# How-to Convert MathType Equations and Microsoft Word Equations to LaTeX

Among other things, Word-to-LaTeX can be used to convert math expressions and equations of different kinds to LaTeX (or MathML if you prefer XML output). Let us convert a short sample document containing both MathType and Microsoft Word equations.

The converting capabilities of Word-to-LaTeX are illustrated on a numbered MathType equation, a few inline MathType expressions, one inline Word equation, and one displayed Word equation.

To convert the equations (along with the whole document), press the Convert button on the Word-to-LaTeX tab. After the main Word-to-LaTeX windows appears, just press the new Convert button again and wait a few seconds.

Below you can see the LaTeX output produced by the converter. All equations have been correctly transformed and you can paste them in any LaTeX document.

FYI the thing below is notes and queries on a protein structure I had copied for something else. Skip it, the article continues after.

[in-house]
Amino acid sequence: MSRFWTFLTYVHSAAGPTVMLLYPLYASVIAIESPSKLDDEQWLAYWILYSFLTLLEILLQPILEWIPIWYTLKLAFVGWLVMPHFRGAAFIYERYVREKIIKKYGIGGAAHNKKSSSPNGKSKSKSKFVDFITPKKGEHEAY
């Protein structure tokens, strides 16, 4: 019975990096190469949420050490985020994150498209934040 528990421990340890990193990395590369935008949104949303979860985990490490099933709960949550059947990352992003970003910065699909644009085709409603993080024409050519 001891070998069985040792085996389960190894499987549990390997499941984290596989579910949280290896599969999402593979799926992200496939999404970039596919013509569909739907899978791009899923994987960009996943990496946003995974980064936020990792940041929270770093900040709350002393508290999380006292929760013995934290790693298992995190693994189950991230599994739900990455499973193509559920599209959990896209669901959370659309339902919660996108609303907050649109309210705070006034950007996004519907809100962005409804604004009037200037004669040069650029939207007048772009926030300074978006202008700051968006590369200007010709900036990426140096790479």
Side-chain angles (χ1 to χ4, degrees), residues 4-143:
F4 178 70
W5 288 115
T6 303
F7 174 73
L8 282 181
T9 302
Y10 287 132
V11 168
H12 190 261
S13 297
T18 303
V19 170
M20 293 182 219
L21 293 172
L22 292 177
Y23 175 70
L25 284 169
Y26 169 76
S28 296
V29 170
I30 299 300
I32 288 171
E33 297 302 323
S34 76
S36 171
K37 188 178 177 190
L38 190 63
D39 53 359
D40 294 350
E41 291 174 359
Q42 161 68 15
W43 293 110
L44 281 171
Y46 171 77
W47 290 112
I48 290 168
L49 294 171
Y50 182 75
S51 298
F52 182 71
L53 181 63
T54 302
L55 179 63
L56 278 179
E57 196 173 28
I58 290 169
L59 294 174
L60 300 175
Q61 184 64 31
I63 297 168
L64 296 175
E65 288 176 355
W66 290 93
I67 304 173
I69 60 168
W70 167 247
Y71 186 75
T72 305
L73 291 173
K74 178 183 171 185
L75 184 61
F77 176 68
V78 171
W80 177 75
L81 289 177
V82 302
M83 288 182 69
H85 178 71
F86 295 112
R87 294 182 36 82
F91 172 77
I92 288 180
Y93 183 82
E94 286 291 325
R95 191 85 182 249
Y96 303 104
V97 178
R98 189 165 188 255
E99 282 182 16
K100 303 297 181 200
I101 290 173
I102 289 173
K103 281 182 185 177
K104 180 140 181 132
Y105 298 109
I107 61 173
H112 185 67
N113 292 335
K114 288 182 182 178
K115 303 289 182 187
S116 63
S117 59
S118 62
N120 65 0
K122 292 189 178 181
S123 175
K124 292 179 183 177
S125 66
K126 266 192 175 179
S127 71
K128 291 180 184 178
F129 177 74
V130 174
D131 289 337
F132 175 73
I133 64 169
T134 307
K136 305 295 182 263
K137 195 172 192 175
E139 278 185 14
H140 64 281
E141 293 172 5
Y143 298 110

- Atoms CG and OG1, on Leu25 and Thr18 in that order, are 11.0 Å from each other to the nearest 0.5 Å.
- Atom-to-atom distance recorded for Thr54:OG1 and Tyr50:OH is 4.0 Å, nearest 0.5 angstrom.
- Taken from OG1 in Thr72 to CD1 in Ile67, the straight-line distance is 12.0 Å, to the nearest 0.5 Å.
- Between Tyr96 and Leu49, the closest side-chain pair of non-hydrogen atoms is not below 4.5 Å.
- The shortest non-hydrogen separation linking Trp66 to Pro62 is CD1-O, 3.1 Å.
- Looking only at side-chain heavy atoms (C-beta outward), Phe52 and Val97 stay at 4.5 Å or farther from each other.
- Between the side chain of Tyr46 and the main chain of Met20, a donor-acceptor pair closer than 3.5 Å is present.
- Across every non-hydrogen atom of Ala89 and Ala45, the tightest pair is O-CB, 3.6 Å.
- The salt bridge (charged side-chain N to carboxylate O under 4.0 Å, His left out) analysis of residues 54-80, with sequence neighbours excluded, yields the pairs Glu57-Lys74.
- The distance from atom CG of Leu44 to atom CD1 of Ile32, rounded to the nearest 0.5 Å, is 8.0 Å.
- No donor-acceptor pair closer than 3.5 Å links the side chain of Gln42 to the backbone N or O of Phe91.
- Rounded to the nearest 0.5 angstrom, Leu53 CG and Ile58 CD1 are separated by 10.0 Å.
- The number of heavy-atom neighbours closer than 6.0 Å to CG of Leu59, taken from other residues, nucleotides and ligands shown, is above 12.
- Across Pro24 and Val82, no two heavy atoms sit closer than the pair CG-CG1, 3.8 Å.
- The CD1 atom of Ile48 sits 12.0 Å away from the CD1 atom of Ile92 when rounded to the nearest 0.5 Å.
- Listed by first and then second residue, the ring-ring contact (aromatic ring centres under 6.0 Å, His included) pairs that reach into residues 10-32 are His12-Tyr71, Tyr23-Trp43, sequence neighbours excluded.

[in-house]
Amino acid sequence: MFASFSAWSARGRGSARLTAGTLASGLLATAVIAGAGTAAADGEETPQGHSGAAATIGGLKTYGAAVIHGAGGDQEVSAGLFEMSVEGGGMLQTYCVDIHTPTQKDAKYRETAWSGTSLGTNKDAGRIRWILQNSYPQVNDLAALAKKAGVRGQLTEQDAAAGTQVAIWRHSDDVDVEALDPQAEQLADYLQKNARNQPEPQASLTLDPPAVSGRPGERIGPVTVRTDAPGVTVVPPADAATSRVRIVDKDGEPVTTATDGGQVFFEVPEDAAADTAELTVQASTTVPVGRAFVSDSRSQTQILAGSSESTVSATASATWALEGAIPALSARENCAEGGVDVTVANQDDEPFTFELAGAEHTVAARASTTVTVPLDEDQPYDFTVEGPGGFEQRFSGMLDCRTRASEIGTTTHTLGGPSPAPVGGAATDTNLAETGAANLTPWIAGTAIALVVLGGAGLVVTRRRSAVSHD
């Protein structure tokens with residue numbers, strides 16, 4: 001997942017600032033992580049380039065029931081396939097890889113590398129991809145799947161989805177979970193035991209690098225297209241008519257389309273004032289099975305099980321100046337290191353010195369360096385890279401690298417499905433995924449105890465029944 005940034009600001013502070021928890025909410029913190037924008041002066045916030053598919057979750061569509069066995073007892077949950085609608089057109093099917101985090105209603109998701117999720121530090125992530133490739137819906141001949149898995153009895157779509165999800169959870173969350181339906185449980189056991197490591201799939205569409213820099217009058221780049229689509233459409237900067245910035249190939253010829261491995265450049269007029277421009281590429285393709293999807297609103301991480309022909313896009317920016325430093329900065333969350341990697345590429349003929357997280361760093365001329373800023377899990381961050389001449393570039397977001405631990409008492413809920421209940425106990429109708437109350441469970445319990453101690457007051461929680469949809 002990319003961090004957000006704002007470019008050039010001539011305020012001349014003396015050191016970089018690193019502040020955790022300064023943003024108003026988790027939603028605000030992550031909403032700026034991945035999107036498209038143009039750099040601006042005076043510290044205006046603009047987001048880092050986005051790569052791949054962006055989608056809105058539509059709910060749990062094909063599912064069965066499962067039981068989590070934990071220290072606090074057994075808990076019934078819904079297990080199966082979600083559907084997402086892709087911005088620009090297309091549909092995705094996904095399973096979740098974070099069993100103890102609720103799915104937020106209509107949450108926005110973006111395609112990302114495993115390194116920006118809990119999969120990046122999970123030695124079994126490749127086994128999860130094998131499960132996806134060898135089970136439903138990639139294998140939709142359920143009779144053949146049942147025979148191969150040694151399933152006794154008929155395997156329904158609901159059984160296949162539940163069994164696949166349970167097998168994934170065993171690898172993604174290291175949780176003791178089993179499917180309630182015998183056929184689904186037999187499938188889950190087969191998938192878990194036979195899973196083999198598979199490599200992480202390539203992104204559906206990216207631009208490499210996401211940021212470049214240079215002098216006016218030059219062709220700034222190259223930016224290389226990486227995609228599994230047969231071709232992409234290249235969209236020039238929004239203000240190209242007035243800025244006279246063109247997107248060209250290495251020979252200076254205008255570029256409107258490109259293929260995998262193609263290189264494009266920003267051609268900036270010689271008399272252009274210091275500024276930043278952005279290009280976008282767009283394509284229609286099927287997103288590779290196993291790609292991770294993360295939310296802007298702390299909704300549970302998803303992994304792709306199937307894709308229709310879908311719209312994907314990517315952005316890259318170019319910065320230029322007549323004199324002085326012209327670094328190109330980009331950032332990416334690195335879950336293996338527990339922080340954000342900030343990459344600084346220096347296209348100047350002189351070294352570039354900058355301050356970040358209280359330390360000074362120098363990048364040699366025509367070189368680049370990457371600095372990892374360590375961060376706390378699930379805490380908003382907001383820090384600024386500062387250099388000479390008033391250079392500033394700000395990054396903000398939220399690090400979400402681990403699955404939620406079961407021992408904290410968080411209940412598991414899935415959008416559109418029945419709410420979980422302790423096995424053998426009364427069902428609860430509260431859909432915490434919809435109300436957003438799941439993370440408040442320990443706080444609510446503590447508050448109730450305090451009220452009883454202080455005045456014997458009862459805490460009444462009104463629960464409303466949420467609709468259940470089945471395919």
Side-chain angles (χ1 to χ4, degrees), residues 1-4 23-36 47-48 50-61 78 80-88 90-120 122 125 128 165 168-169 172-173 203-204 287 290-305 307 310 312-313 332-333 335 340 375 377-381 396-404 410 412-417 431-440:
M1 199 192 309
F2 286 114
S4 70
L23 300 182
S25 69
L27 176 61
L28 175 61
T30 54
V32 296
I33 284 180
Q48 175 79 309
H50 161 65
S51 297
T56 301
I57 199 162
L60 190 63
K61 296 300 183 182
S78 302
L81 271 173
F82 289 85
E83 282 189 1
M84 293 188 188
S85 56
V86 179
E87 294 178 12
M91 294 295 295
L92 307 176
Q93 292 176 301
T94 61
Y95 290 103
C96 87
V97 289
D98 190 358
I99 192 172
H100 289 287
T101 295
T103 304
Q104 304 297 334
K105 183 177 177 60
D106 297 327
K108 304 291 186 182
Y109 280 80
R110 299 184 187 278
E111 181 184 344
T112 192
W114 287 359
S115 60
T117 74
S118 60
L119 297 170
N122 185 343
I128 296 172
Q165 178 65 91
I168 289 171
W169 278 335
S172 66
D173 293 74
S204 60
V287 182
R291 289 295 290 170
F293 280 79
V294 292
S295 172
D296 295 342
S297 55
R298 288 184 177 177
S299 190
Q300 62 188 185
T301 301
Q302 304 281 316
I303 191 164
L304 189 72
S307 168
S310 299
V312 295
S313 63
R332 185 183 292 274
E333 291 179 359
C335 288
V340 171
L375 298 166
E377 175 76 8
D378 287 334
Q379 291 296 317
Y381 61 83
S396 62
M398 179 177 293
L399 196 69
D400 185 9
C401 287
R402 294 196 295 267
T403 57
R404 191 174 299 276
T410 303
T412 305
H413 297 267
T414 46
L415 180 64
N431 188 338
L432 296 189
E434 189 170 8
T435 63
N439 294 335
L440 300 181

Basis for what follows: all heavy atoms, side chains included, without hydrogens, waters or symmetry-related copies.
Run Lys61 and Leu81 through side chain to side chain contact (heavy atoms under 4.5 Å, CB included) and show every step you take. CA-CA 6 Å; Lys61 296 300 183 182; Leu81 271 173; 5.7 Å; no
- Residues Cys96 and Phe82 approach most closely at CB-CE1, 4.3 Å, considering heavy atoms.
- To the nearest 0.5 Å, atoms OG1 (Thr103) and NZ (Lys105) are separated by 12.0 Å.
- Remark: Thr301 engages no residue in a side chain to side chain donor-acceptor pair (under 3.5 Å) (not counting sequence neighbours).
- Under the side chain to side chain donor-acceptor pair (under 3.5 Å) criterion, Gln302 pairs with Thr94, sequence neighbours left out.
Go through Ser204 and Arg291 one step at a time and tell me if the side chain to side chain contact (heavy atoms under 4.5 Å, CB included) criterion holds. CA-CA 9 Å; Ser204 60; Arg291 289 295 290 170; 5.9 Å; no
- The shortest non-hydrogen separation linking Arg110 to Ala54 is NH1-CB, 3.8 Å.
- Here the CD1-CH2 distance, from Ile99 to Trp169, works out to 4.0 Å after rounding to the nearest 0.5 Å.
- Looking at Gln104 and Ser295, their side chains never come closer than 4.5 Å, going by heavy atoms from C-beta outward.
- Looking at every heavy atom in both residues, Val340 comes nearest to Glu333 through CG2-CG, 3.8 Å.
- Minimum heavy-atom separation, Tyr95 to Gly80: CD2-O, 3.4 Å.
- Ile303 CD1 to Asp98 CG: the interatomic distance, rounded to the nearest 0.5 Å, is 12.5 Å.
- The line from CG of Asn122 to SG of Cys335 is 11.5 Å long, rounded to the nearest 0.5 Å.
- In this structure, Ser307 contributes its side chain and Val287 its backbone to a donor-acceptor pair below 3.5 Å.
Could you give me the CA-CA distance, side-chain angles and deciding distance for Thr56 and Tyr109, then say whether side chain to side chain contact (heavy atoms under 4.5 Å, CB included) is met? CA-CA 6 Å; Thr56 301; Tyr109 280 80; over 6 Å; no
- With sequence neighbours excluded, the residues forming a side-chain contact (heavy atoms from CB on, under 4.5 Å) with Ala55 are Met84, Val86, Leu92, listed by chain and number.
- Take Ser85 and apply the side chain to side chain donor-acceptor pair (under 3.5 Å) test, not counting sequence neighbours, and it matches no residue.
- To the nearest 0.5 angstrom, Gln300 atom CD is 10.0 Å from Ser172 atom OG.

\textbf{{\Large MathType Equations, Equation Editor}}

\begin{equation}
y(n) = \sum\limits_{i = 0}^{K - 1} {\alpha _{}^i(n){s^i}(n) + {w^{}}(n)} \,;\;n
= 0,1, \ldots ,N - 1
\label{eq1}
%(1)
\end{equation}

Where $\alpha _{}^i(n)$ is a complex channel coefficient between transmit
antenna \textit{i} and the receive antenna and ${w^{}}(n)$ is additive white
Gaussian noise for the subcarrier \textit{n}.

\textbf{{\Large Microsoft Office 2007 -- 2010 Equations}}

The binomial series
${\left(1+x\right)}^n=1+\frac{nx}{1!}+\frac{n\left(n-1\right)x^2}{2!}+\ldots{}$ .

$\lim_{n\rightarrow{}\infty{}}{{\left(1+\frac{1}{n}\right)}^n}$